South Florida Apr 23—May 03, 2007

Posted by Brennan Mulrooney


Brennan Mulrooney

Brennan Mulrooney was born and raised in San Diego, California. Growing up, his heart and mind were captured by the ocean. He split his summer days between helping out behi...

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The first day of our 2007 South Florida tour was one to remember. I knew from the outset that we had the chance to see a lot of great birds, including several that we might not see again during the rest of the tour. So there was a bit of trepidation mixed with our excitement as we set out that morning.

Our first stop was a quick check to see if we could locate the last chaseable Smooth-billed Anis left in Florida. They hadn’t been seen for a few weeks, so I wasn’t too surprised when we came up dry. I quickly refocused the group on the next task, locating a Western Spindalis (a rare visitor from the Bahamas) that had been frequenting a nearby cemetery. As we entered the neighborhood of the cemetery, we were stopped by a fly-by pair of Spot-breasted Orioles! I quickly parked the van and we all piled out, trying to keep our eyes on them. After several minutes of searching, we finally tracked them down in a gumbo limbo tree. We were getting great views when somebody asked, “Hey, isn’t that the Spindalis?” And it was! We watched it for a brief moment and then the orioles chased it off. Though we had seen the bird land in a mango tree nearby, several minutes of waiting proved fruitless. And then it started to rain. I decided to run back for the van so we could wait out the rain shower and resume our search later, but by the time I returned with the van everybody was smiling and giving me thumbs up! As it turns out, the bird had emerged from the mango tree and sat out in the open at close range, allowing everybody fantastic views. I’d rather be lucky than good.

With our main morning target out of the way so quickly, I decided to try a nearby park where I had recently seen multiple Snail Kites. This bird can be difficult some years so I wanted to try early as insurance. Not only did we find 3 Snail Kites, but they were accompanied by a huge concentration of wading birds. We had 50 or more Wood Storks, large numbers of Great Egrets, Snowy Egrets, Tricolored and Little Blue herons, and several Purple Swamphens. The Swamphen is an introduced species (resembling a Purple Gallinule on steroids) that is rapidly expanding its range in South Florida and may soon be considered countable. To top it off, sitting out in the middle of the marsh with all the other birds was an immature Bald Eagle?what a sight!

Our next stop, Wakodahatchee Wetlands, was for many the highlight of the tour. This water reclamation facility (i.e. sewage pond) has become a must-see for birders visiting South Florida, and we saw plenty to justify this reputation. As we walked the boardwalk over the ponds, we were treated to an unforgettable show from several species of marsh birds that are usually much more difficult to observe. It all started with knockout looks at Purple Gallinule. This is one of the prettiest birds in North America, and to have one crawling around in the bulrushes and fire flag not 20 feet from us was quite a treat. We would see several more before we completed our circuit. Next it was a Sora, again right out in the open and so close we almost couldn’t focus our binoculars on it.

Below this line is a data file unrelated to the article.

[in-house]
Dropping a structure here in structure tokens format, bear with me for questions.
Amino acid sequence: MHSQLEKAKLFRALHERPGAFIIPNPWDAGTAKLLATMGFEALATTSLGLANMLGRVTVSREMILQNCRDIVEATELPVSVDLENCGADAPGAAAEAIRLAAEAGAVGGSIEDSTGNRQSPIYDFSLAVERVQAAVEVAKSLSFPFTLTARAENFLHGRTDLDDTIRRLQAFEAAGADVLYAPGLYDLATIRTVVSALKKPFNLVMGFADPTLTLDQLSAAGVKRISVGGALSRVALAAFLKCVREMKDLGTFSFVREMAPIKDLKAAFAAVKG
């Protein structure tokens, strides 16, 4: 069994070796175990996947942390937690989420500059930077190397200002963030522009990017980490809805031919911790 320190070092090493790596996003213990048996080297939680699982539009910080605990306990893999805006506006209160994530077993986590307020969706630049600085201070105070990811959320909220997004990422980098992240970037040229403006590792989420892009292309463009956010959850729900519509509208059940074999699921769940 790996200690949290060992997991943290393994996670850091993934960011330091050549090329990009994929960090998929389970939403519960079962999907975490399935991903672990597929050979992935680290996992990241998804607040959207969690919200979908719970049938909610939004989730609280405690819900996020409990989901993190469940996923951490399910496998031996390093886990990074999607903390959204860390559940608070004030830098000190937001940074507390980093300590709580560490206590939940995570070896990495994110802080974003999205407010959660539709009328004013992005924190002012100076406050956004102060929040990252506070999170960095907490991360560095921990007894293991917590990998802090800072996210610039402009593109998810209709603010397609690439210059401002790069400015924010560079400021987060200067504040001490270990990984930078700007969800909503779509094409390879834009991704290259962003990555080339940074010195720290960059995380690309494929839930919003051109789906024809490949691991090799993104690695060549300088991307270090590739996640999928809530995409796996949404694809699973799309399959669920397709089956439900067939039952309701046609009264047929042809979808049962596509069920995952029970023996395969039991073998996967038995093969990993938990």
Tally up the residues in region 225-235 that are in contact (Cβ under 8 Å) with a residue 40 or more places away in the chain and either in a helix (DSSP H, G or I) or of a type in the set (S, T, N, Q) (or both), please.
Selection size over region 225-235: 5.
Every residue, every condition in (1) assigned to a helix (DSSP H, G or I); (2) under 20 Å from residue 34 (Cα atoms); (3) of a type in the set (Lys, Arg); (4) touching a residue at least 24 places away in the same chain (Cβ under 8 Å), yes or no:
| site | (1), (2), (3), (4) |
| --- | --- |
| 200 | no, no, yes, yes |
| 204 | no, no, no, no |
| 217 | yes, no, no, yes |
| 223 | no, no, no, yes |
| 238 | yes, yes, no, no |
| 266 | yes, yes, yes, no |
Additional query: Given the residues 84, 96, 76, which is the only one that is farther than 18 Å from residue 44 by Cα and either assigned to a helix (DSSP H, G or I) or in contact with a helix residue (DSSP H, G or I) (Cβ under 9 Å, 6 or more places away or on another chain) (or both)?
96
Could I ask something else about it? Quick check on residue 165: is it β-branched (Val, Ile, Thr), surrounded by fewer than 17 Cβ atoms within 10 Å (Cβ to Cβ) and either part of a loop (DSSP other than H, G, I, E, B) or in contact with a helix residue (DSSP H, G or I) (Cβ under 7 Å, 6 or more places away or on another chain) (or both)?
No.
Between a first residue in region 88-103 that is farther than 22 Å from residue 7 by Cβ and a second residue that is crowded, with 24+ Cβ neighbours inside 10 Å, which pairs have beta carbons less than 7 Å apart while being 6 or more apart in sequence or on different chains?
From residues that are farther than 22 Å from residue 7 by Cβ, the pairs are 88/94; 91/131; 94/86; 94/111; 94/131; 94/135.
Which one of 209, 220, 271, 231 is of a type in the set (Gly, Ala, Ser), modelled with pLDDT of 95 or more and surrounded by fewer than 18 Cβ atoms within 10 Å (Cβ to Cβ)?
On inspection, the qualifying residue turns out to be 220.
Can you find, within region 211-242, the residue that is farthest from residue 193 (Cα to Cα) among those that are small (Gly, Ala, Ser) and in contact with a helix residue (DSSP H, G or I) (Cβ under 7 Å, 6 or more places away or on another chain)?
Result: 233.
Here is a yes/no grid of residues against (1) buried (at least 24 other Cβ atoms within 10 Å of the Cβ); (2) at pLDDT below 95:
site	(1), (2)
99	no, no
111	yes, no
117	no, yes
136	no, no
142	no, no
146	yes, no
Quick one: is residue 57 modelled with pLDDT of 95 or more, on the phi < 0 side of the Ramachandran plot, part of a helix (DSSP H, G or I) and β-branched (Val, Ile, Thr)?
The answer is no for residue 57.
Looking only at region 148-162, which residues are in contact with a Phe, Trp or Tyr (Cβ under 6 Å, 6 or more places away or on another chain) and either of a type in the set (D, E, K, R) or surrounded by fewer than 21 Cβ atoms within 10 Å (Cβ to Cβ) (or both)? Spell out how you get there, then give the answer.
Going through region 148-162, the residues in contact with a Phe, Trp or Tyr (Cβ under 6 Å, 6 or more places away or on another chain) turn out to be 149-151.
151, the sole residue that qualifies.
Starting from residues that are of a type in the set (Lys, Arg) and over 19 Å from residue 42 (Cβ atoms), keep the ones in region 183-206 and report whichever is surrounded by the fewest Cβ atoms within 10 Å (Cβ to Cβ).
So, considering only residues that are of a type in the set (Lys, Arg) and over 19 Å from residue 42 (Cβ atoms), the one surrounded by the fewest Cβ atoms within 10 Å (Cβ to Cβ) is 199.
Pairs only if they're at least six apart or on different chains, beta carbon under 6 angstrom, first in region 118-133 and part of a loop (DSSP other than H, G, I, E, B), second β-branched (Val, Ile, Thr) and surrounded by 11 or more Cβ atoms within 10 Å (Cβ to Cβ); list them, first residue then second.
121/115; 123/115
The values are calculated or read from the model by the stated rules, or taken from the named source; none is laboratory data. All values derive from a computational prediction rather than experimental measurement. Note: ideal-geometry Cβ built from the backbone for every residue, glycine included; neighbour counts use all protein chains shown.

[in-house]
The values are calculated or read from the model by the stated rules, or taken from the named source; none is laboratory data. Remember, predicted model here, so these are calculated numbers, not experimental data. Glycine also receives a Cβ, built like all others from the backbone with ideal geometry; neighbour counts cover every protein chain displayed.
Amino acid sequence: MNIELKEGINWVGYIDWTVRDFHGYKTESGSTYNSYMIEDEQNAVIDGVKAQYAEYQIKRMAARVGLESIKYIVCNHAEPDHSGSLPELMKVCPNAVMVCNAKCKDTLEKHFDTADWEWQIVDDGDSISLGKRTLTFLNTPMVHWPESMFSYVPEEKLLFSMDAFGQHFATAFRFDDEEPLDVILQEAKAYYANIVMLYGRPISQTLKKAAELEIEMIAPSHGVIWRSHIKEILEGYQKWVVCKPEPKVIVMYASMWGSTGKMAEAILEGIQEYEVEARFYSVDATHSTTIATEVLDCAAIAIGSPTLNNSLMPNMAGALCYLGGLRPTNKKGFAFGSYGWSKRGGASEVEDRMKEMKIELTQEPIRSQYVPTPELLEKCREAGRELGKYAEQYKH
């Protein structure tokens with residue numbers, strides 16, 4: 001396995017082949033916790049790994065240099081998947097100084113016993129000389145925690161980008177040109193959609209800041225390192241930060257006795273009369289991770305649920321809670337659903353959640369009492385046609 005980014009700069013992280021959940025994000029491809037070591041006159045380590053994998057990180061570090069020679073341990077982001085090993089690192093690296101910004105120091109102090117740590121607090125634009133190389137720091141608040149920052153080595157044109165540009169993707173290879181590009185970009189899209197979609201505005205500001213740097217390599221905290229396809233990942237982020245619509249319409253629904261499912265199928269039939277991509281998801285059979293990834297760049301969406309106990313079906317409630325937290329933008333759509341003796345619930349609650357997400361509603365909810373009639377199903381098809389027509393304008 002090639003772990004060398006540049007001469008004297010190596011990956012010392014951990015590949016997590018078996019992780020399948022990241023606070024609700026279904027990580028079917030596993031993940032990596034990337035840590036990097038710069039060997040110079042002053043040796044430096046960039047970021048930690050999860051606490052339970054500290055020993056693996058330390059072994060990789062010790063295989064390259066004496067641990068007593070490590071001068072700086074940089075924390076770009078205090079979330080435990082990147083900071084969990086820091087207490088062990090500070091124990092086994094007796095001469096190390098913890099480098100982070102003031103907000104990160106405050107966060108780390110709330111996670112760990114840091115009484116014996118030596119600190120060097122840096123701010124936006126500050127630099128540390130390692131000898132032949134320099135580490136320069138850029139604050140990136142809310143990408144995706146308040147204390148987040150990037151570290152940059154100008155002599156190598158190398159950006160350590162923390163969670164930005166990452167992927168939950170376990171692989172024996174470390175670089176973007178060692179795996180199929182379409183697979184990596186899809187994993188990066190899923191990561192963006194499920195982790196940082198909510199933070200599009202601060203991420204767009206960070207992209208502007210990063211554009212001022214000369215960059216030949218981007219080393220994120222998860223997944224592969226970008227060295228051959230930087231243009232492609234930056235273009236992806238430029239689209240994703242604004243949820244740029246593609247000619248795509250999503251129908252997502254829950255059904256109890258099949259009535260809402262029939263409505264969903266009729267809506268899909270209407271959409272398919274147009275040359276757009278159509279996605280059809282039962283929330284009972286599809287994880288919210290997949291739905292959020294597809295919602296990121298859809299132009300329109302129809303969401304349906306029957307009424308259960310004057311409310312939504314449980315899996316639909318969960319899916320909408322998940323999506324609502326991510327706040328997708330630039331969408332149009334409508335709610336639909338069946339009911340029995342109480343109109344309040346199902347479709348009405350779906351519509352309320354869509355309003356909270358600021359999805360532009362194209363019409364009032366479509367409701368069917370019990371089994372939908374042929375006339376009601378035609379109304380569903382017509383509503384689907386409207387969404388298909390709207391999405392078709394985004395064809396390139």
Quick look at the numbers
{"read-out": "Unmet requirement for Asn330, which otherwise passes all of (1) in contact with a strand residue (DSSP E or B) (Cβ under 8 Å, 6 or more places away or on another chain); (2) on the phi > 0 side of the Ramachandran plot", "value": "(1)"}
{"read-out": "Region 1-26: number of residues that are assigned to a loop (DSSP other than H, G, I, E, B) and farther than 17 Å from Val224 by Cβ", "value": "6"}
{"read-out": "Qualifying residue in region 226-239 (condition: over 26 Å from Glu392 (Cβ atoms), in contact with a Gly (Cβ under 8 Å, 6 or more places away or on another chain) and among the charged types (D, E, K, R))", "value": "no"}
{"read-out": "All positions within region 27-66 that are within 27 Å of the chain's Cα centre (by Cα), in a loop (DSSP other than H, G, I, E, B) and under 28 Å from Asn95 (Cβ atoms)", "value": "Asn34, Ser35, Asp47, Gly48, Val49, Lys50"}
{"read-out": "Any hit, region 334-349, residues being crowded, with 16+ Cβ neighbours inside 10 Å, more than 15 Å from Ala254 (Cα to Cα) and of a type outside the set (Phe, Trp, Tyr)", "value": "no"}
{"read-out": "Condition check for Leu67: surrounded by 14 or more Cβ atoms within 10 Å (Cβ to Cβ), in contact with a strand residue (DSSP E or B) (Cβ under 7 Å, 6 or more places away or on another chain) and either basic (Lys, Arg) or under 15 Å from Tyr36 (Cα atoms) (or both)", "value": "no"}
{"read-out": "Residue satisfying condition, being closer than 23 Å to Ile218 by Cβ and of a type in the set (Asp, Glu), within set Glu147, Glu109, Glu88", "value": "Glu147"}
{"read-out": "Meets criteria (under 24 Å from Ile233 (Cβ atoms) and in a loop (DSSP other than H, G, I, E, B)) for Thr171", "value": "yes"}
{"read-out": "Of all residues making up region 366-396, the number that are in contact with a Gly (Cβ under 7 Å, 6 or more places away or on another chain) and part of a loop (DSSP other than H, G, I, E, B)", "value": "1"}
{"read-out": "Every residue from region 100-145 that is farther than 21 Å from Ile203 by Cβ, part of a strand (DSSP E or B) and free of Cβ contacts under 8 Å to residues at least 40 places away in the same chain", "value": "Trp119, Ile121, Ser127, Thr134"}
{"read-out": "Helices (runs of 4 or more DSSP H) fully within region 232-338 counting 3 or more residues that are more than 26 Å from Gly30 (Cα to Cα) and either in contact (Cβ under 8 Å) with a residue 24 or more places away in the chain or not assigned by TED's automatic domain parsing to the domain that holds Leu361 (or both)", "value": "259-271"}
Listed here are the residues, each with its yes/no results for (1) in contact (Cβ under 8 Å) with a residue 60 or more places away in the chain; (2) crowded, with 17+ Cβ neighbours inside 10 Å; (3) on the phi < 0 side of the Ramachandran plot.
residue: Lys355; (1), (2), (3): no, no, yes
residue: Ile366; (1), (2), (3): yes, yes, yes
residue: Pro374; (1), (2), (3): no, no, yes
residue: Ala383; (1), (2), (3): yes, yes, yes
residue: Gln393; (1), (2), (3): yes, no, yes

Soon our attention was drawn away by a group of photographers all in a cluster with their lenses pointed at a patch of bulrushes. We were astonished to find out that they were watching three fledgling Least Bitterns that had just emerged from their hidden nest and were periodically being fed by both parents! Again we were getting incredible views of a species that is usually very secretive and difficult to observe. From less than 20 feet away we watched as tiny, awkward, fluffy young tested their wobbly legs and scrambled to be fed when a parent would return; it was truly mind-blowing. After that, the nests full of Anhingas and other herons and egrets were just icing on the cake, but we really put the cherry on the top with a Limpkin that spoke up just as we were leaving. With a little effort and patience we were able to get excellent scope views as it sat quietly preening in the marsh.

Over the next eight days of birding we tallied a tremendous list of quality birds including Great White Heron (the white morph of Great Blue Heron), Reddish Egret, Roseate Spoonbill, Swallow-tailed Kite (20+ in one day), Short-tailed Hawk (light and dark morphs), Crested Caracara, Piping Plover, White-crowned Pigeon, Smooth-billed Ani (we found two on a second visit), Red-cockaded Woodpecker, Scissor-tailed Flycatcher, Black-whiskered Vireo, Florida Scrub-Jay, Cave Swallow, Brown-headed Nuthatch, “Cuban Yellow Warbler” (a subspecies of Yellow Warbler, also known as Golden Warbler), Bachman’s Sparrow, Cape Sable Seaside Sparrow (an endangered subspecies of Seaside Sparrow), and both Bronzed and Shiny cowbirds. It was quite a trip, but that first day was a doozy!